You’re probably not like me. You probably didn’t get annoyed when someone interrupted your viewing of David Cameron’s recent conference speech. You’re probably weren’t watching.

I’ve had enough of politics. I listened to Ed Miliband’s too, and I’m sorry Nick, but I made do with a quick skim of your text. I heard their promises, their pledges, their soundbites and slogans. I watched them kiss their wives as the crowd stood in rapturous applause – each as spontaneous and unexpected as the other.

I heard some inspirational phrases, some laudable commitments, some impressive feats of oratory.

It all left me thoroughly depressed about the next eighteen months. Barring some spectacular government collapse the next general election will take place on 7 May 2015, and between now and then each of the leaders and their parties will try and appeal to enough voters to secure victory. Or perhaps in the case of the Liberal Democrats enough votes to help either Labour or the Conservatives secure victory.

Victory being the ultimate goal. Power. Just enough of each particular message to keep the various factions together for mutual electoral benefit, each compromising a bit of their passion and purity to secure power.

Politics is messy. It’s downright dirty. And that’s before you get onto the expenses scandals, the corporate lobbyists lunching with Lords, or the backroom tactics of each parties’ bully boys.

When someone comes to me and says they’ve had enough and that they can’t tell the difference between parties that can’t stop disagreeing, I nod my head. Gone are the days when I excuse the abuses, or marginalise the misappropriation of funds.

It’s enough to make you walk away from politics, rip up the purple electoral registration form and mute the TV when a political face pops up.

When we don’t like what’s on at the cinema we don’t go. If we’re fed up with our football club we let our season ticket expire. When a shop charges too much we go somewhere else. We walk away, our exit is a way of making our views known.

But in politics it doesn’t work like that. If we take the choice to exit the political process, the only effect we have is to leave it to other people. If we walk away we lose our voice. We leave it to those who have learnt the system, climbed their way up, made the right friends or trodden down those who offered themselves as a footstool to get on the ladder.

When we see women and children sold and trafficked, we see darkness. When there is slavery happening in our cities. Today. This is darkness. When we see darkness, we do not walk away.

We could see the horror of modern day slavery and think it is just too engrained, solutions too complex, side effects too compromising. And yet we do not.

Christians are committed to tackling the most intractable problems in our world, whether they are on the streets of our communities or in communities far away. Walking away is a dereliction of duty.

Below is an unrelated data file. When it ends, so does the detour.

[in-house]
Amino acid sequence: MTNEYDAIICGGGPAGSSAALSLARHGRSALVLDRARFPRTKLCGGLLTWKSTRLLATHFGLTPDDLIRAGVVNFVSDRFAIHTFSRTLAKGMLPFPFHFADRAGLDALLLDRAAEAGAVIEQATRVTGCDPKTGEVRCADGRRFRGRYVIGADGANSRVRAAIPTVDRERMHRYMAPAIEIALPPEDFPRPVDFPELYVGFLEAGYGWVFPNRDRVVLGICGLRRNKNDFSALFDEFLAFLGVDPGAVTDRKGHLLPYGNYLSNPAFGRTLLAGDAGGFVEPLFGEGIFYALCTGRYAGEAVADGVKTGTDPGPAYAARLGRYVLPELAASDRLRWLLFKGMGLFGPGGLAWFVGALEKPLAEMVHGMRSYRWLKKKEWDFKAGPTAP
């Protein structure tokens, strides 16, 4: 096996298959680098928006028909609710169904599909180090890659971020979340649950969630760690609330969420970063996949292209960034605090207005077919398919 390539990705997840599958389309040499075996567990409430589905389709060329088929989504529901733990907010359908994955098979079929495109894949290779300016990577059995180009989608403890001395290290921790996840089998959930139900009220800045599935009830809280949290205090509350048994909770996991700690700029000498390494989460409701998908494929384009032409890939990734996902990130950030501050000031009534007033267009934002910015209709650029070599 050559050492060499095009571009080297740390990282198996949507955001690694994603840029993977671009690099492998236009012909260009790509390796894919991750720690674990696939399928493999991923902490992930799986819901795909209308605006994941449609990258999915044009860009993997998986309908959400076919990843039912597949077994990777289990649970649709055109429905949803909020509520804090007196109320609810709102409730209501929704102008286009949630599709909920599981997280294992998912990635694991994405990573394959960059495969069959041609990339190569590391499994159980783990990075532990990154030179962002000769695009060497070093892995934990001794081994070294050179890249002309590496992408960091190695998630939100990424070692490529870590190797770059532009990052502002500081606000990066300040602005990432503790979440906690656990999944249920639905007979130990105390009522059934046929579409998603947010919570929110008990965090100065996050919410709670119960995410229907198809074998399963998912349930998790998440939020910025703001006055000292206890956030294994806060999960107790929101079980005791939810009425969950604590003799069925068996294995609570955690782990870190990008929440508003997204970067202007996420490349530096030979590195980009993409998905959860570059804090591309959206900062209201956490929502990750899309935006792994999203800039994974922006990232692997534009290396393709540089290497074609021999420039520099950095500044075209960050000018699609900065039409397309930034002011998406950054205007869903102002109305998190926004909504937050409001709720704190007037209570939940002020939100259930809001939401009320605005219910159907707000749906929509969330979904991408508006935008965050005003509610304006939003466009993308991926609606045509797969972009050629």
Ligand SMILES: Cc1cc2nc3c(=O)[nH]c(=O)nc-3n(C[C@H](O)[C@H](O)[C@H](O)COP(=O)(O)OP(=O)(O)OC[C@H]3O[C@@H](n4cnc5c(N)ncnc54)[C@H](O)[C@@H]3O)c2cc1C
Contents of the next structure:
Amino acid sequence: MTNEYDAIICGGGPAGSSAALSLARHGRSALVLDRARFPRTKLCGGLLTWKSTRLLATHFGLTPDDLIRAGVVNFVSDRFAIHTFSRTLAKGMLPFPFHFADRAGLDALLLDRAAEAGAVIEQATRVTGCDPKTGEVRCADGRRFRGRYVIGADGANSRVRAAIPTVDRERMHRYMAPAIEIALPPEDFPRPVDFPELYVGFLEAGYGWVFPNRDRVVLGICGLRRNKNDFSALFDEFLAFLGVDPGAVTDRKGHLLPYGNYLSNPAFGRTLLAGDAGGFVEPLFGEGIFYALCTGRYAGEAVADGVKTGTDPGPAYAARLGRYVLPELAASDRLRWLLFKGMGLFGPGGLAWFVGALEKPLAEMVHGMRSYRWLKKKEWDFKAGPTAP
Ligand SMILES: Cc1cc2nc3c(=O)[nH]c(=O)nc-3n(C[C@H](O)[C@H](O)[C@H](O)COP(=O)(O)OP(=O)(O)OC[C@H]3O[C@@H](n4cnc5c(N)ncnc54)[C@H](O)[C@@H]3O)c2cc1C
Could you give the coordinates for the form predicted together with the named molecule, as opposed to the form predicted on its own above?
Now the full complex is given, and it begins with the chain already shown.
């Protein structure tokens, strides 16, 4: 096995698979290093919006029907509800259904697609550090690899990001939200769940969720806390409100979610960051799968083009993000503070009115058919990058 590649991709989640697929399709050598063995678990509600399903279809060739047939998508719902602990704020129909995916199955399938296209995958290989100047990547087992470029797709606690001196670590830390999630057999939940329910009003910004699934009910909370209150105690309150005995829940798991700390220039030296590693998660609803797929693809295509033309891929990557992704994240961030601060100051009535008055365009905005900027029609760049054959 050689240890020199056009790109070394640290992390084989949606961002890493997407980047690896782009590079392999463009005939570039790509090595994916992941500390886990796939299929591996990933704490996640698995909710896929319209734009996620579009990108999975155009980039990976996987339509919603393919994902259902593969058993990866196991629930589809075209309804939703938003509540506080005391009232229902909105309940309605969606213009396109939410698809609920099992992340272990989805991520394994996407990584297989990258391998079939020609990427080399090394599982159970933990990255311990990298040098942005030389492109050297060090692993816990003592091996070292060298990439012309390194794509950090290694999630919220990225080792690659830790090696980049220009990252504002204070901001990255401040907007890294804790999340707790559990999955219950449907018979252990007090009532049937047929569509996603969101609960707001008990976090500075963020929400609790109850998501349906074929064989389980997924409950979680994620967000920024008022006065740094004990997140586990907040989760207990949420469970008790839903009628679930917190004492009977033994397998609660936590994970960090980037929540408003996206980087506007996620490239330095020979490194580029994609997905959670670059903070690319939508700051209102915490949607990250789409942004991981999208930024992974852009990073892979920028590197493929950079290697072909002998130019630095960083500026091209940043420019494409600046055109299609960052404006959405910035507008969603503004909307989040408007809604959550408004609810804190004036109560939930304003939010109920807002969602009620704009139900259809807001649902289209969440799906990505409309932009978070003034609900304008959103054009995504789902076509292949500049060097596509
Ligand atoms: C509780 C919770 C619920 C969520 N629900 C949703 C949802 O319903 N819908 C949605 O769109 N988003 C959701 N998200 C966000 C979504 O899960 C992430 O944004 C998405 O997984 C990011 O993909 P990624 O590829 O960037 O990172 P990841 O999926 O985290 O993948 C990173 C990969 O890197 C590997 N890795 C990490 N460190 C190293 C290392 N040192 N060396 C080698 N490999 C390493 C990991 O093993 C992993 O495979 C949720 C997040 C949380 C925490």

So why is politics different? Why is walking away and ignoring politics somehow an appropriate response?

Politics is a place where collective decisions are made, decisions that affect us all. And some will disappoint. We all come with our own agendas, priorities and principles but we have to find a common way forward.

You want to end slavery in Britain today? So do I. There is no magic button. Finding policy solutions is not easy, but when it keeps on happening something more than bandaging up the wounded is needed.

We like acting the Good Samaritan sometimes – it’s satisfying but  someone has to ask what can be done to stop it. And that takes politics. Walking up the Jericho Road to find out why people are getting mugged, to fix the lighting or sort the security. It’s politics: it takes effort, it takes work and it takes time.

If we want to transform our society, if we want to see light break into darkness, then politics matters.

The CARE Leadership Programme provides a year long educational placement for graduates to gain experience through working placements in politics or third sector organisations alongside a programme of theological and practical training each Friday. Applications for the 2014-15 programme are now open – until 11 November. Danny was placed with an MP as part of the programme in 2005-6.

(Image via Cian Ginty on Flickr)

Written by Danny Webster // Follow Danny on  Twitter // Danny's  Website

Danny loves to read, write and think about how the church can change the world, and how in the mean time we can get to grips with it not always working out that way. Danny blogs at Broken Cameras & Gustav Klimt on the lessons he is learning about faith and failure as he goes through life. He’s also a bit of a geek on political and social issues. When he's bored or stressed Danny indulges in a little creative baking.

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